Speaker biography: Dr Eljee Javier is a Teaching Fellow in English Language Teaching at the University of Sussex Centre for Language Studies. Prior to her current role, she worked as a Researcher Development Officer and a part-time lecturer for the University of Manchester. She is from Canada, and has worked in China and Australia as an EFL teacher. She has an MA TESOL (2007), MSc Educational Research (2010), and a PhD Education (2015) from the University of Manchester.


  • Past speakers include:
    • Deborah Smith, International Man Booker prize-winning translator, editor and publisher, Translating from the Margins. Audio recording available (for members of the University of Sussex only).
    • Caterina Mazzilli (Migration Studies, University of Sussex), Receptive Cities - Brighton and Bologna.
    • John Walker and Marco Nardi (British Sign Language, University of Sussex), Interpreting beyond words.
    • Professor Lyn Thomas and Lewes writer Tanya Shadrick: Diaries of the Outside: Annie Ernaux's urban journals and Tanya Shadrick's Wild Patience Scrolls.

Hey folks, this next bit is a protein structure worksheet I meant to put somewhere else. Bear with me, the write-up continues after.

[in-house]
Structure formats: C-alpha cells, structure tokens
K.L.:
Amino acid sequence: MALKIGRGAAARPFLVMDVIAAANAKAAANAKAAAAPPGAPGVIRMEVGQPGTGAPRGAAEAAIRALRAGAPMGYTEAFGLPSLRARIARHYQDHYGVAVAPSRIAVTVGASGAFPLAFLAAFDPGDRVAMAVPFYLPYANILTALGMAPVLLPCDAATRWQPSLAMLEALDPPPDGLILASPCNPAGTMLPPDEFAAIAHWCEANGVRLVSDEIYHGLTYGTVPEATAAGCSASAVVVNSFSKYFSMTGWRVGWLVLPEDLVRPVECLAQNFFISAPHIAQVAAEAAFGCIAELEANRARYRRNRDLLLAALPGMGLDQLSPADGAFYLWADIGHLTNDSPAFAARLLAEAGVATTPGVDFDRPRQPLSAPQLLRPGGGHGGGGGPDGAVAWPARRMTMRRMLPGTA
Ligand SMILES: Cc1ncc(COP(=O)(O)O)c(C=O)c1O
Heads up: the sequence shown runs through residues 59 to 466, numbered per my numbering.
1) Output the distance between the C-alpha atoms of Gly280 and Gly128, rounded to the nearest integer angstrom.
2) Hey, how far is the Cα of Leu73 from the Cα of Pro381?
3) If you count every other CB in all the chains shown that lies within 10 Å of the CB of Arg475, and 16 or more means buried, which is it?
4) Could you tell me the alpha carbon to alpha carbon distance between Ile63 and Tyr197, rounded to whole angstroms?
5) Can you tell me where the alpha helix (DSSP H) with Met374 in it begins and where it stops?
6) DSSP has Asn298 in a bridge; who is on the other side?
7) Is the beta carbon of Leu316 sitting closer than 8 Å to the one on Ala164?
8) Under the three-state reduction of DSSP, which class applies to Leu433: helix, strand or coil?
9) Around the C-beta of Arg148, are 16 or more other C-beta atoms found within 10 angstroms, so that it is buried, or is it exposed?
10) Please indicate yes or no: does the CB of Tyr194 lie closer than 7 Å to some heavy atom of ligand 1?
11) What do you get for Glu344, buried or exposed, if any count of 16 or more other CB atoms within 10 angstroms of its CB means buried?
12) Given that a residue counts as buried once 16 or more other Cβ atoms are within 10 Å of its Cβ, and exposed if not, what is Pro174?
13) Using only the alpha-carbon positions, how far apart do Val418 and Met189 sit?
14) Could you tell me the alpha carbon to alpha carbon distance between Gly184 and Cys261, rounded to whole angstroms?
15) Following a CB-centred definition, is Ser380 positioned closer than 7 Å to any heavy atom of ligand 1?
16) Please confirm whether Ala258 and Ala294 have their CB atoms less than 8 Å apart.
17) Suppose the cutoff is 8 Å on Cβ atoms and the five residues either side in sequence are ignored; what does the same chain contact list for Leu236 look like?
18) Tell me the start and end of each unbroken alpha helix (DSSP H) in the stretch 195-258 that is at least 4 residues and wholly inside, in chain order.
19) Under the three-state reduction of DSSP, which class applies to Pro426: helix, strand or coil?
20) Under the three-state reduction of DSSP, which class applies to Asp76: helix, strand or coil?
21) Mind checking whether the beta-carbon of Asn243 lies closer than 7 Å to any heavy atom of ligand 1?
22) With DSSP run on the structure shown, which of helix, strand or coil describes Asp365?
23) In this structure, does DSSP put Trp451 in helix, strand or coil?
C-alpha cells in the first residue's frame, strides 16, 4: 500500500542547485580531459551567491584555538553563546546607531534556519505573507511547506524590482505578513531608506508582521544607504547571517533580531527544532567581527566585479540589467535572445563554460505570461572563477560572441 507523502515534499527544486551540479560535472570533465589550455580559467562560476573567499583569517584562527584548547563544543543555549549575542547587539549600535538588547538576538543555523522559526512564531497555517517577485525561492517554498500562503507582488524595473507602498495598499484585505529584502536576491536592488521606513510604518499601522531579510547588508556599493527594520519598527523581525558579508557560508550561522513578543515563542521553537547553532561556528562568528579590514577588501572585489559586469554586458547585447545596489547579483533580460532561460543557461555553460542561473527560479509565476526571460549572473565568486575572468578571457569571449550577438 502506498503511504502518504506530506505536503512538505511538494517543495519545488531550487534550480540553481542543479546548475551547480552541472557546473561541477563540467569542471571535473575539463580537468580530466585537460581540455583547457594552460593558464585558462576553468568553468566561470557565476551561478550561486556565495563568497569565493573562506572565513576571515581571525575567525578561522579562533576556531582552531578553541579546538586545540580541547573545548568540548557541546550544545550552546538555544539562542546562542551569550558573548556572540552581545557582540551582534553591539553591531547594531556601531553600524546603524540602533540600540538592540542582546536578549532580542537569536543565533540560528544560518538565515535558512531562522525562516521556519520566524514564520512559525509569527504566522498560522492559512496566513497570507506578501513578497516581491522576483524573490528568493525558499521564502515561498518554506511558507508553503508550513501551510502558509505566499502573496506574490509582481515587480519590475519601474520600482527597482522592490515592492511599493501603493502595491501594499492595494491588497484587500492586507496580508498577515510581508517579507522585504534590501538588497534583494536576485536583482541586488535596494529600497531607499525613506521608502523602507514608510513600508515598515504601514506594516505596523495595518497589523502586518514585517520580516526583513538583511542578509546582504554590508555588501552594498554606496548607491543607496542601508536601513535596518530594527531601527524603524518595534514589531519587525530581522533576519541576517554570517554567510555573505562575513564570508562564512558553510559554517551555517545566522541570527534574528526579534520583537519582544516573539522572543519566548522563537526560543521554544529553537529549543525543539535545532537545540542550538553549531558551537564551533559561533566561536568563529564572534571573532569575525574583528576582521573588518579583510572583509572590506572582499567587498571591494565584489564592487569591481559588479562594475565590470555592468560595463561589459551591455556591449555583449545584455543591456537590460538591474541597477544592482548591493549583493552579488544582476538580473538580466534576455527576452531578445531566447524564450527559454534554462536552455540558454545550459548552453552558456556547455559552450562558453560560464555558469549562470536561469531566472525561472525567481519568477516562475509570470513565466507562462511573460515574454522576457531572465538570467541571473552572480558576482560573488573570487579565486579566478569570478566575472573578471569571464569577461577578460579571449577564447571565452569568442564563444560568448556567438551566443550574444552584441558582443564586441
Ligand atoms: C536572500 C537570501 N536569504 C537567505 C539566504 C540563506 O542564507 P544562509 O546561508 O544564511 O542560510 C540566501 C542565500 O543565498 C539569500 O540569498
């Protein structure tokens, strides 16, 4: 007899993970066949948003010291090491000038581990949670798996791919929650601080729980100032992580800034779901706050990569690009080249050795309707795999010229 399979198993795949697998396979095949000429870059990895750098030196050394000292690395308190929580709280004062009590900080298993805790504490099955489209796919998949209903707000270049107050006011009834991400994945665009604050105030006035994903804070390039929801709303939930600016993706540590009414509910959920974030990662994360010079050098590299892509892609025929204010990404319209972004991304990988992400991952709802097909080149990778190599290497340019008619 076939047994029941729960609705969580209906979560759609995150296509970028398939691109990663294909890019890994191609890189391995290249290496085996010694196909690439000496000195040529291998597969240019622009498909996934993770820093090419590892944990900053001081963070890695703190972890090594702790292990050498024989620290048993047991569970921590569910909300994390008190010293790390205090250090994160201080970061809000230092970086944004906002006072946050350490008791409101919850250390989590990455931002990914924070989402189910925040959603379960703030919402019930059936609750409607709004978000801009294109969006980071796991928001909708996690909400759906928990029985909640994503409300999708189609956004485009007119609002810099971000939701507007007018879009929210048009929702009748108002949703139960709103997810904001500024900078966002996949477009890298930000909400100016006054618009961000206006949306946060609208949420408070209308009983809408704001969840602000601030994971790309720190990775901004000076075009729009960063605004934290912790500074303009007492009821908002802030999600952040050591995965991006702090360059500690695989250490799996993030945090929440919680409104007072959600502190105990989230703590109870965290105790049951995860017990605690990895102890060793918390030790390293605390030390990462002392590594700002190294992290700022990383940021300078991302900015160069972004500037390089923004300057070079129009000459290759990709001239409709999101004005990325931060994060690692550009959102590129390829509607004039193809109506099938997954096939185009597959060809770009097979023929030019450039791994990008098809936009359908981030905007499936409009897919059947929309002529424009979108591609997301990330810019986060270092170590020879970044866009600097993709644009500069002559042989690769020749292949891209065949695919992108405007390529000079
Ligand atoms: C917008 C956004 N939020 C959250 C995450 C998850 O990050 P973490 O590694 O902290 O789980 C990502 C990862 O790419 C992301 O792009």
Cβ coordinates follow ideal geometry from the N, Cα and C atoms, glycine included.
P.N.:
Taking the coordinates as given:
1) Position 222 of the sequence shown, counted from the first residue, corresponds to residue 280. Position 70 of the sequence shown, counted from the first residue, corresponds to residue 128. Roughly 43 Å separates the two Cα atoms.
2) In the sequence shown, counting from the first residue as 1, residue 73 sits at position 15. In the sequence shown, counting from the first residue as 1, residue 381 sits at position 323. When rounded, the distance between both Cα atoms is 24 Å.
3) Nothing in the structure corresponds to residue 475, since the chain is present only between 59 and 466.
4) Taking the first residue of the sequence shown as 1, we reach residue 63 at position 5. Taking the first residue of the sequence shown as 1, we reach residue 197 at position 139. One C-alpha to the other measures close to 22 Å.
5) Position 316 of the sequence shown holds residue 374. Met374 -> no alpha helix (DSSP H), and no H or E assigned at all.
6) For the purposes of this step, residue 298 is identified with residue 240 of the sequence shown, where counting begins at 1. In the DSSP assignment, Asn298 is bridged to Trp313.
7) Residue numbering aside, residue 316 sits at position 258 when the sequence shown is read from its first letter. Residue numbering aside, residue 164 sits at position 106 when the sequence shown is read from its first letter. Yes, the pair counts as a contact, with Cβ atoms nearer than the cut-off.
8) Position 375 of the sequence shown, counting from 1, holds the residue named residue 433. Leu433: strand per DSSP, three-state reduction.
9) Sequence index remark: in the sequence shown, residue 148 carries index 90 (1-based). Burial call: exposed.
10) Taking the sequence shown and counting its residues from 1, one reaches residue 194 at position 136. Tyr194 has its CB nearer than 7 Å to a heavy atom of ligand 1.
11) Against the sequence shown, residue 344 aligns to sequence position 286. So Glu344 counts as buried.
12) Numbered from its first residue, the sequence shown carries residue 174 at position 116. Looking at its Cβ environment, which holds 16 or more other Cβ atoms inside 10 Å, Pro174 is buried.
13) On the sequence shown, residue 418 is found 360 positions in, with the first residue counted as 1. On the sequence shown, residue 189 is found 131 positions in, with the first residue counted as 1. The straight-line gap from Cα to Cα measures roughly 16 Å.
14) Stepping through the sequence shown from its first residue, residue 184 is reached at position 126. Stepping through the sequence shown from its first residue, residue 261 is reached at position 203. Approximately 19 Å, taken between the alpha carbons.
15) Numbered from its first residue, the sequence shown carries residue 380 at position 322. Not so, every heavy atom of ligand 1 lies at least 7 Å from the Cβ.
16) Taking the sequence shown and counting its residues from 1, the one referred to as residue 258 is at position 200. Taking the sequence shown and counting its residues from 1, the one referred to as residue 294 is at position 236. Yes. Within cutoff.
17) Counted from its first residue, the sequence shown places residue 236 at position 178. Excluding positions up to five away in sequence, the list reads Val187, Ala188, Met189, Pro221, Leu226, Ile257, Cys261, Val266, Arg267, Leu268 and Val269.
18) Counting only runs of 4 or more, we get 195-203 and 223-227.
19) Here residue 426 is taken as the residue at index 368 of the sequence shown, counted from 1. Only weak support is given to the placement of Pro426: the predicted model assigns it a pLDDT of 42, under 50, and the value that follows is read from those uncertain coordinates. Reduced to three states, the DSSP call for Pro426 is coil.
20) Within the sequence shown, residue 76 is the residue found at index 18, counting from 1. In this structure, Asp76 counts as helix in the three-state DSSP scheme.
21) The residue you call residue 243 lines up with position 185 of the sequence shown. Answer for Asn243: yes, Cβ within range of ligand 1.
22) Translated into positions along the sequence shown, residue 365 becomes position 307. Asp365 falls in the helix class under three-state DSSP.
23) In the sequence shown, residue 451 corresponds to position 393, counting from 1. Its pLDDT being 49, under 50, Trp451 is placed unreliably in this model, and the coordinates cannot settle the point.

• Professor Andy Kirkpatrick (Griffith University, Brisbane): English as a Medium of Instruction in Asian Universities: challenges and prospects. [PowerPoint slides - audio recording below]
      Andy Kirkpatrick - English as a Medium of Instruction in Asian Universities:
    • Maria Jastrzᶒbska, poet, editor and translator: Between Worlds (What makes a Polish writer Polish or a British writer British?).
    • Christophe Landry (Sussex): The Internet, social media, endangered language and identity renaissance.
    • Chris McDermott, University of Sussex lead chaplain on the Art of Conflict and the Conflict in Art.
    • True Tales from the Old Hill - launch of this anthology of sixty tales, in conjunction with the Frogmore Press and the Centre for Life History and Life Writing Research at the University of Sussex.
    • Yvonne Salt (Sussex Centre for Migration Research): 'Language, Space and Love Migration' - website - exploring the emotional side of migration, and considering how people talk about and understand their love migration.
    • Pam Thurschwell (English, Sussex) and Jeremy Page (SCLS, Sussex): 'Morrissey and Marr Revisited: A Conversation about The Smiths' - discussing the legendary 80s rock band, their significance, their legacy, and Morrissey's controversial autobiography.